Establishing a new library has always required an understanding of the needs of the community it will serve. In 1747, when Abraham Redwood gave the funds for the Original Collection of the Redwood Library, many of the volumes that were purchased were incredibly practical. They dealt with subjects like medicine, farming, and, perhaps most interestingly, beekeeping. As has been the subject of much discussion in recent years, bees play an important role in nature and this was appreciated by men like John Thorley (1671-1759) even in the 18th century. His treatise on bees makes a case for their importance, good nature, and he even presents them as a model to be followed in his readers’ relations with their King.
The complete title for his work on bees is a mouthful that reads: Melissologia. : Or, the female monarchy. Being an enquiry into the nature, order, and government of bees, those admirable, instructive, and useful insects. With a new, easy, and effectual method to preserve them, not only in colonies, but common hives, from that cruel death, to which their ignorant, injurious, and most ingrateful owners so commonly condemn them. A secret unknown to pass ages, and now published for the benefit of mankind (1744). His goal in this work is not just to instruct his readers on how to preserve bees, but also to educate them on their very nature so that they can learn from them.
The Frontispiece of the work showing three detailed bees.
To Thorley, bees are an ideal model for human behavior, specifically for subjects. The first section of chapter one is titled “Of Their Loyalty” and is a lengthy ode to the loyalty bees display towards their Queen. He begins, “Their great Affection, Love and Loyalty to their lawful Sovereign (being all under the Government of one Monarch) are perfectly surprising and astonishing; without Precedent or Parallel, all Royal Orders and Commands are most readily and fully executed…” (7). Their fondness for their Queen and eagerness to obey her orders is equally matched in their devastation when she is lost to them. This is a lesson he believes many humans would do well to learn. Towards the end of this chapter, he turns his attention to addressing them directly: “Come here, oh! All you Christians, and in this Mirrour behold your Duty to your common Lord and alone Sovereign. Hence learn to love, honour, and serve Him; to hate and oppose all that opposes his Kingdom and Interest…” (11). Yet encouraging loyalty to God is not his only moral imperative. He continues, “Come likewise, Oh! All ye Britons and Hibernians, and learn your Duty to your only rightful and lawful Sovereign King George; under whose mild and most equitable Government you enjoy so many great and distinguishing Privileges. Honour your King, and cheerfully pay him Submission, Love and Tribute…” (11). At the time when this work was published and subsequently purchased, the American Revolution was still several decades away, and the people in the American colonies were still expected to pledge their loyalty to their King.
After Thorley speaks at length on the nature of bees, and what we can learn from them, his chapters move on to discuss their “Polity, or Form of Government,” anatomy, “Sorts, Sex, and Manner of Breeding,” architecture, swarming and hiving, “Wars and Robberies,” enemies, “ordering and improving them in Colonies,” and how to preserve them in hives. These last few are the most practical, aided by plates that demonstrate what he is describing. In the first (pictured above), the front view of the colony is shown. Each of the lettered sections is a separate colony, “each to be painted of different Colours.” Where the letter “N” is marked on each colony is the door or entrance along the ledge where the bees alight “when they return from the Field, and when they come out to view the Weather.” The next plate is an inside view of the same colony (pictured below). The letters “D” mark the doors that cover the glass windows, “S” are the “sliders,” “I” marks the square holes for communication, “N” are the handles to lift off the boxes, and finally “H” are for the hinges to the doors to the whole colony. His designs are detailed and he considers not only how to construct them, but also how to populate them with bees and make sure the bees thrive once housed there.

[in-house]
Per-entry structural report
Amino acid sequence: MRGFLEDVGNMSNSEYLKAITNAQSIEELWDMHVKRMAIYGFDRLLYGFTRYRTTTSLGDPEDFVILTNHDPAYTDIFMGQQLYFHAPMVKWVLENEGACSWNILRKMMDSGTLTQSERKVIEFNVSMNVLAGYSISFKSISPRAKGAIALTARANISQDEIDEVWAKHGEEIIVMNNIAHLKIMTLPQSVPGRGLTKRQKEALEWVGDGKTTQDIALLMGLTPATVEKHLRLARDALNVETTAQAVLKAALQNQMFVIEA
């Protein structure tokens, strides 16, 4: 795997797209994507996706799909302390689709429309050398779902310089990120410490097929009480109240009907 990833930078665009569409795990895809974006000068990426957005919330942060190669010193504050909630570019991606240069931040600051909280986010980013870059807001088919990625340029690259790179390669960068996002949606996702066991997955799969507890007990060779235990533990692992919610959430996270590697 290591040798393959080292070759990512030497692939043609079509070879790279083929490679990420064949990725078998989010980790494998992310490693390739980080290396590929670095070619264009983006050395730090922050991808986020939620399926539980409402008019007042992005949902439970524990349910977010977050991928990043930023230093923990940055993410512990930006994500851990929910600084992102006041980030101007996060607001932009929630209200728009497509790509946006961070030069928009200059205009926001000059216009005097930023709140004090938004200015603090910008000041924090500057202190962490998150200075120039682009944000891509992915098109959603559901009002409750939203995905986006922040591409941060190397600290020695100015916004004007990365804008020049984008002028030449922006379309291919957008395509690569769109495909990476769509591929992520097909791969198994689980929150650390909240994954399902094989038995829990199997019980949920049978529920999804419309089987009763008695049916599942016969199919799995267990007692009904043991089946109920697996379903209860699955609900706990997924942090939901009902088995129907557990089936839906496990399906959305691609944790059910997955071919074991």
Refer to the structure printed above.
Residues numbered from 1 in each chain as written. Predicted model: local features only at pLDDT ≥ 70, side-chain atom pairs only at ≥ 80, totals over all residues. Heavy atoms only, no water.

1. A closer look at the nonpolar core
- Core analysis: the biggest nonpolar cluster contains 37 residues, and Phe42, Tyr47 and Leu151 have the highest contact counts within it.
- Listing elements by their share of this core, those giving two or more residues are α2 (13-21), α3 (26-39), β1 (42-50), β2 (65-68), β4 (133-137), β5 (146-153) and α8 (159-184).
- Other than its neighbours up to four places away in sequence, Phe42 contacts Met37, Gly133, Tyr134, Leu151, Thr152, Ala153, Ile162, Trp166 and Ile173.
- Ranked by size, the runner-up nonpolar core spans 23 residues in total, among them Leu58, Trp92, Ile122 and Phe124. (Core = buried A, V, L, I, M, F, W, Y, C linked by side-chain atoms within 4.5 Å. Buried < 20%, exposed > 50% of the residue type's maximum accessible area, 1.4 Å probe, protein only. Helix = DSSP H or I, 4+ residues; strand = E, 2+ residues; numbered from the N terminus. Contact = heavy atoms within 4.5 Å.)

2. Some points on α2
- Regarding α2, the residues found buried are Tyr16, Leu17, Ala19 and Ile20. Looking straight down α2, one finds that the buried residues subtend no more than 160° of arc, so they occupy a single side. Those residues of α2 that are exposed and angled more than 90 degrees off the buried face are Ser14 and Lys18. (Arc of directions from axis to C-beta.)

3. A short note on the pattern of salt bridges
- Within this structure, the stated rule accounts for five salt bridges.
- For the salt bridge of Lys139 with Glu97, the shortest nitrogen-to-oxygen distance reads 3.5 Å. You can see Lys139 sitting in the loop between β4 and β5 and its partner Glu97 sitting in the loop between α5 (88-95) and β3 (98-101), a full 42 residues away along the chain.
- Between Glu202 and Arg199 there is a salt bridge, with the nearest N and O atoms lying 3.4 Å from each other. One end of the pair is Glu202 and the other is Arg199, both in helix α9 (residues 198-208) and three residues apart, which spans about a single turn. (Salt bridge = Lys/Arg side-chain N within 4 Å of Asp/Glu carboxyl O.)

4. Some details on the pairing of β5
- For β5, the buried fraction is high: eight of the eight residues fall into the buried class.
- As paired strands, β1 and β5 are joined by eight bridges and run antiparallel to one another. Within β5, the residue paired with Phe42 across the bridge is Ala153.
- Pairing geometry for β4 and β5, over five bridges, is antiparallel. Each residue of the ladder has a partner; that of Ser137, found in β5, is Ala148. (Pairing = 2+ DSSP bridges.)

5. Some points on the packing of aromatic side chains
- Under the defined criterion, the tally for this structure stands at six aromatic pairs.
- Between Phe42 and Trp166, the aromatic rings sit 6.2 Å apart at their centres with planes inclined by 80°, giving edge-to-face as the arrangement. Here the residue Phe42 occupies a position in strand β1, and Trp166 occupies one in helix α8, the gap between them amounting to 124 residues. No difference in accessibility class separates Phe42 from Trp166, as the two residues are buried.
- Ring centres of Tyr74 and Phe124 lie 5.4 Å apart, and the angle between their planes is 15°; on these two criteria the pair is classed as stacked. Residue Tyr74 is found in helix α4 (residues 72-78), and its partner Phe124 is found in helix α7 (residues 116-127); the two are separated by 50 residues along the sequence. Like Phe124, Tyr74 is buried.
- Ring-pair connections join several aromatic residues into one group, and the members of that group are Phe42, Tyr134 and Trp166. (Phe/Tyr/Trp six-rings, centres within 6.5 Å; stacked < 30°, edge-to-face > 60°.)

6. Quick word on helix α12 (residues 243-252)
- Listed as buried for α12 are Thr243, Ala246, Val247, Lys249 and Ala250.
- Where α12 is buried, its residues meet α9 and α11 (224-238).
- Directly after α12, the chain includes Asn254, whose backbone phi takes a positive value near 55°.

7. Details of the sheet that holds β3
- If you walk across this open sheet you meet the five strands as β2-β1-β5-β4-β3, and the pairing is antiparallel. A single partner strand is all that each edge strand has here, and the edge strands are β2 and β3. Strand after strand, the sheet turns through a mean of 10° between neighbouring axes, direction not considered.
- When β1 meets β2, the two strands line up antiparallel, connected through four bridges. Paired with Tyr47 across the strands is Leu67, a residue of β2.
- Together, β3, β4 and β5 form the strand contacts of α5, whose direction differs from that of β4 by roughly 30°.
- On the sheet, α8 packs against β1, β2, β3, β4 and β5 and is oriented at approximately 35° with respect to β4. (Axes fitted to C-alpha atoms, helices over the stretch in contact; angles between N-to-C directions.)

Thorley’s work is a practical book with a distinct moral goal; while he endeavors to teach others how to construct and preserve bee colonies, he never wavers from his belief that bees provide an ideal behavioral model. In his final chapter, he says:
"Since infinite Wisdom sent us to Ants and Bees for Instruction, let us not disdain nor refuse to learn from these Insects as follows...Love, with Loyalty and Submission to our only rightful Sovereign King George, and all lawful Power...Courage and Resolution in Defence of our civil Liberties and reformed Religion...Also Diligence and Prudence...Purity...Unity likewise, with Love and Peace. No Divisions, Contentions, or Wars among themselves...Temperance and Sobriety in the Enjoyment and Use of our outward Comforts...Patience and Innocence...Sympathy and mutual Assistance...Finally, Constant Watchfulness. These Insects have many Enemies; for which Reason they never give themselves up to Security, but have their Guards to watch the City and prevent a Surprise." (204-206)
He is able to find a lot of meaning in the behavior of these insects, which is an interesting, if also less practical aspect of the book. Unless, of course, someone out there was looking for moral guidance and was able to see what he saw in the bees.
In this final plate, a swarm of bees surrounds the hive outside
while a pile of bees lies sleeping on the desk, awaiting their Queen.